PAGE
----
Social networking not just a Gen Y ‘thing’
Liz Tay | Jun 11, 2008 1:50 PM
Web 2.0 technologies may only have emerged within the past decade, but the concept of social networking is said to date much farther back than that.
According to Jason Ling, who is Head of Mobile Products and Technology at MySpace.com, Web sites such as MySpace, Facebook and LinkedIn are “portals” for basic human interaction.
Speaking at the NetEvents Asia-Pacific Press Summit in Malaysia last month, Ling described social networking as activities ranging from the production of prehistoric cave drawings to modern-day cocktail functions.
“A bunch of people with similar interests and similar backgrounds got together and exchanged information -- that’s social networking,” he said.
In recent times, the uptake of online social networking by enterprise workers has given employers cause for grief.
Businesses are dealing with an avalanche of network security, bandwidth and managerial issues to do with how employees use social networking Web sites during company time.
An influx of fresh-faced Generation Y employees has put added pressure on employers to enable tools such as instant messaging and online social networks in the workplace.
And with the overall up-and-go response of the new generation of workers to draconian Web site bans, employers may be forced to redefine their outlook on such technologies to remain competitive.
Ling highlighted business card exchanges and other interactions that took place at the NetEvents Asia-Pacific Press Summit as forms of social networking.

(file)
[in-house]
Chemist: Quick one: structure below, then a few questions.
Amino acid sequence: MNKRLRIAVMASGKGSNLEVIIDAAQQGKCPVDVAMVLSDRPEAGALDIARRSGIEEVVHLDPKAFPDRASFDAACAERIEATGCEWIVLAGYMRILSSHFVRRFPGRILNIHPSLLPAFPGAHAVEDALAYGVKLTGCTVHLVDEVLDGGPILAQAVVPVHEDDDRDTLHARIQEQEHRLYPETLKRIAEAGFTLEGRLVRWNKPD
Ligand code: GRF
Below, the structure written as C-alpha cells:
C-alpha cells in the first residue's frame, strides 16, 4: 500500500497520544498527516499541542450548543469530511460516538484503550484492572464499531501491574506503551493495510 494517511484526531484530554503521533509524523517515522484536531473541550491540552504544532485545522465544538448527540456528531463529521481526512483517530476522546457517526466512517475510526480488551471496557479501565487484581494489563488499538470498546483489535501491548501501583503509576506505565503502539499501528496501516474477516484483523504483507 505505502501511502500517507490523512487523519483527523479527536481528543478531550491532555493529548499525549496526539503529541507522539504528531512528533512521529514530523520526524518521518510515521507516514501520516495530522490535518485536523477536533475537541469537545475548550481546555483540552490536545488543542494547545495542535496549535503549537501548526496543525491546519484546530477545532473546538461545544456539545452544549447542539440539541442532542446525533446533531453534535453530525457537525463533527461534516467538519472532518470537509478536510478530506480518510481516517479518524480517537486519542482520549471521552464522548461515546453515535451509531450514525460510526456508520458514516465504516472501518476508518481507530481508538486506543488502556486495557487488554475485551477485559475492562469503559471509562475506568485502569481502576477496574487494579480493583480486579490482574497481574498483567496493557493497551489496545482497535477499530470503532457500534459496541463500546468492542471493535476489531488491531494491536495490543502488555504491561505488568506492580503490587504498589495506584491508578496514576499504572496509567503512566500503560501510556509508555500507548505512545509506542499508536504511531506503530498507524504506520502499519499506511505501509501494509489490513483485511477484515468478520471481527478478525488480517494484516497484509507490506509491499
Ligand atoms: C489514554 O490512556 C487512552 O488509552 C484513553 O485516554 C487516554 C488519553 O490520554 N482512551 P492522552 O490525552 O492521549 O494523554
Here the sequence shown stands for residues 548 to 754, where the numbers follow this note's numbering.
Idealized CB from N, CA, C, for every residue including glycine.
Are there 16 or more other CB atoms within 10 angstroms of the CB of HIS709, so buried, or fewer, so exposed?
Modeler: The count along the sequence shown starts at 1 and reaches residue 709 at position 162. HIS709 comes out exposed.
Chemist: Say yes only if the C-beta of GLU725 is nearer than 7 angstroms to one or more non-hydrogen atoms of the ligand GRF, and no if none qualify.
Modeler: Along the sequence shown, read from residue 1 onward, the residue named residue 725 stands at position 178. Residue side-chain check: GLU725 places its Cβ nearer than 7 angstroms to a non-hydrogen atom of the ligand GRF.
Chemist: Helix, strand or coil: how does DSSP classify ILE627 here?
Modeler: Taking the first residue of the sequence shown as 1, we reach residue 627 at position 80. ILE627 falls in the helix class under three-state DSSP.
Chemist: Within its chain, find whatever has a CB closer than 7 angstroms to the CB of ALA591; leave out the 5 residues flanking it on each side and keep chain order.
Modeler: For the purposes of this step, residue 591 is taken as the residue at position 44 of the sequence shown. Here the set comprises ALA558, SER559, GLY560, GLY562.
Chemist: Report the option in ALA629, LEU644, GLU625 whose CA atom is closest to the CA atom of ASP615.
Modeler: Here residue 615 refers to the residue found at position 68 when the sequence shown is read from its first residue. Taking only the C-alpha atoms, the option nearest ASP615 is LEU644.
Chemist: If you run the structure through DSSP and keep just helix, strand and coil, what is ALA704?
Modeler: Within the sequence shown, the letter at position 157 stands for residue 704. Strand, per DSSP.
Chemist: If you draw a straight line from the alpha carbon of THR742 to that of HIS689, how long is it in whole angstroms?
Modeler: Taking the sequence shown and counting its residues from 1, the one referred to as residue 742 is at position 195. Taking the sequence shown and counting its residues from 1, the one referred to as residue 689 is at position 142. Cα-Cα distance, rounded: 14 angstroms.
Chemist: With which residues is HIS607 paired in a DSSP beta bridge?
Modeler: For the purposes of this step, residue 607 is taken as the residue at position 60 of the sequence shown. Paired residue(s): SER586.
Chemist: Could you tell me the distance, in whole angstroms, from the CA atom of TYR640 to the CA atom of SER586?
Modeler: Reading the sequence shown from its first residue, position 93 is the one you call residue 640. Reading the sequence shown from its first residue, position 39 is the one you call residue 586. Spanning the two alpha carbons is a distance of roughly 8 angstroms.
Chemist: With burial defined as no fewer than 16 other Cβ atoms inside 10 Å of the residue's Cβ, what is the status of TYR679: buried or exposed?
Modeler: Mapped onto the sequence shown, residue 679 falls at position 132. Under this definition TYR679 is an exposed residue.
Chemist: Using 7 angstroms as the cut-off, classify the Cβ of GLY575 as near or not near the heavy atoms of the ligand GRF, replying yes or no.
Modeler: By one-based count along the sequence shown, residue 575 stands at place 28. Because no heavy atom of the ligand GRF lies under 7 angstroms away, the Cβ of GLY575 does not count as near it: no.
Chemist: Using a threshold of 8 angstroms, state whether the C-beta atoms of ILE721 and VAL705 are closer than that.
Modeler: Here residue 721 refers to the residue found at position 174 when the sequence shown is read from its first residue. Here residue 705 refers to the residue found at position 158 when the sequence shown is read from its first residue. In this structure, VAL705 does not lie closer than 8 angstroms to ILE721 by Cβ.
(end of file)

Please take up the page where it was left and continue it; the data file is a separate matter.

He encouraged conference attendees to realise the potentials of social networking technologies for collaboration and innovation.
“We’re already social networking,” he pointed out.
“If you stop looking at social networking as a ‘thing’, and really look at it as a base communication between individuals, it starts to make sense.”
“No great idea has ever been dreamt up by one sole individual. It’s a collaborative effort,” he said.
Enterprise software vendors have been quick to jump on the social networking bandwagon with the introduction of enterprise products such as KickApps, Passenger and hi5.
A recent report from analyst firm IDC expects the market for enterprise social networking products to reach US$2 billion by 2012.
Meanwhile, a diverse spectrum of options exists for social networkers in the consumer space, with the likes of MySpace, Facebook and Bebo competing for a piece of the pie.
Ling said that the diverse social networks reflect similarly diverse interest groups and backgrounds of individual Internet users.
“Social networking is really factioned,” Ling said. “MySpace skews younger and female. Facebook skews older and male.”
“If there was only one social network, and one social networking technology, Orwell was right and it is kind of scary,” he said.
Noting that social networking technology is still in its early stages, Ling expects the business potentials of online social networks to include the delivery of subscription-based services, and targeted advertising.
Future use of social networking technologies is expected to be driven by the proliferation of mobile devices such as ultraportable “Netbook” computers.
“It’s just a matter of how the technology evolves,” Ling said. “I really do think that mobile, and social networking on mobile [devices], is the next generation of technology.”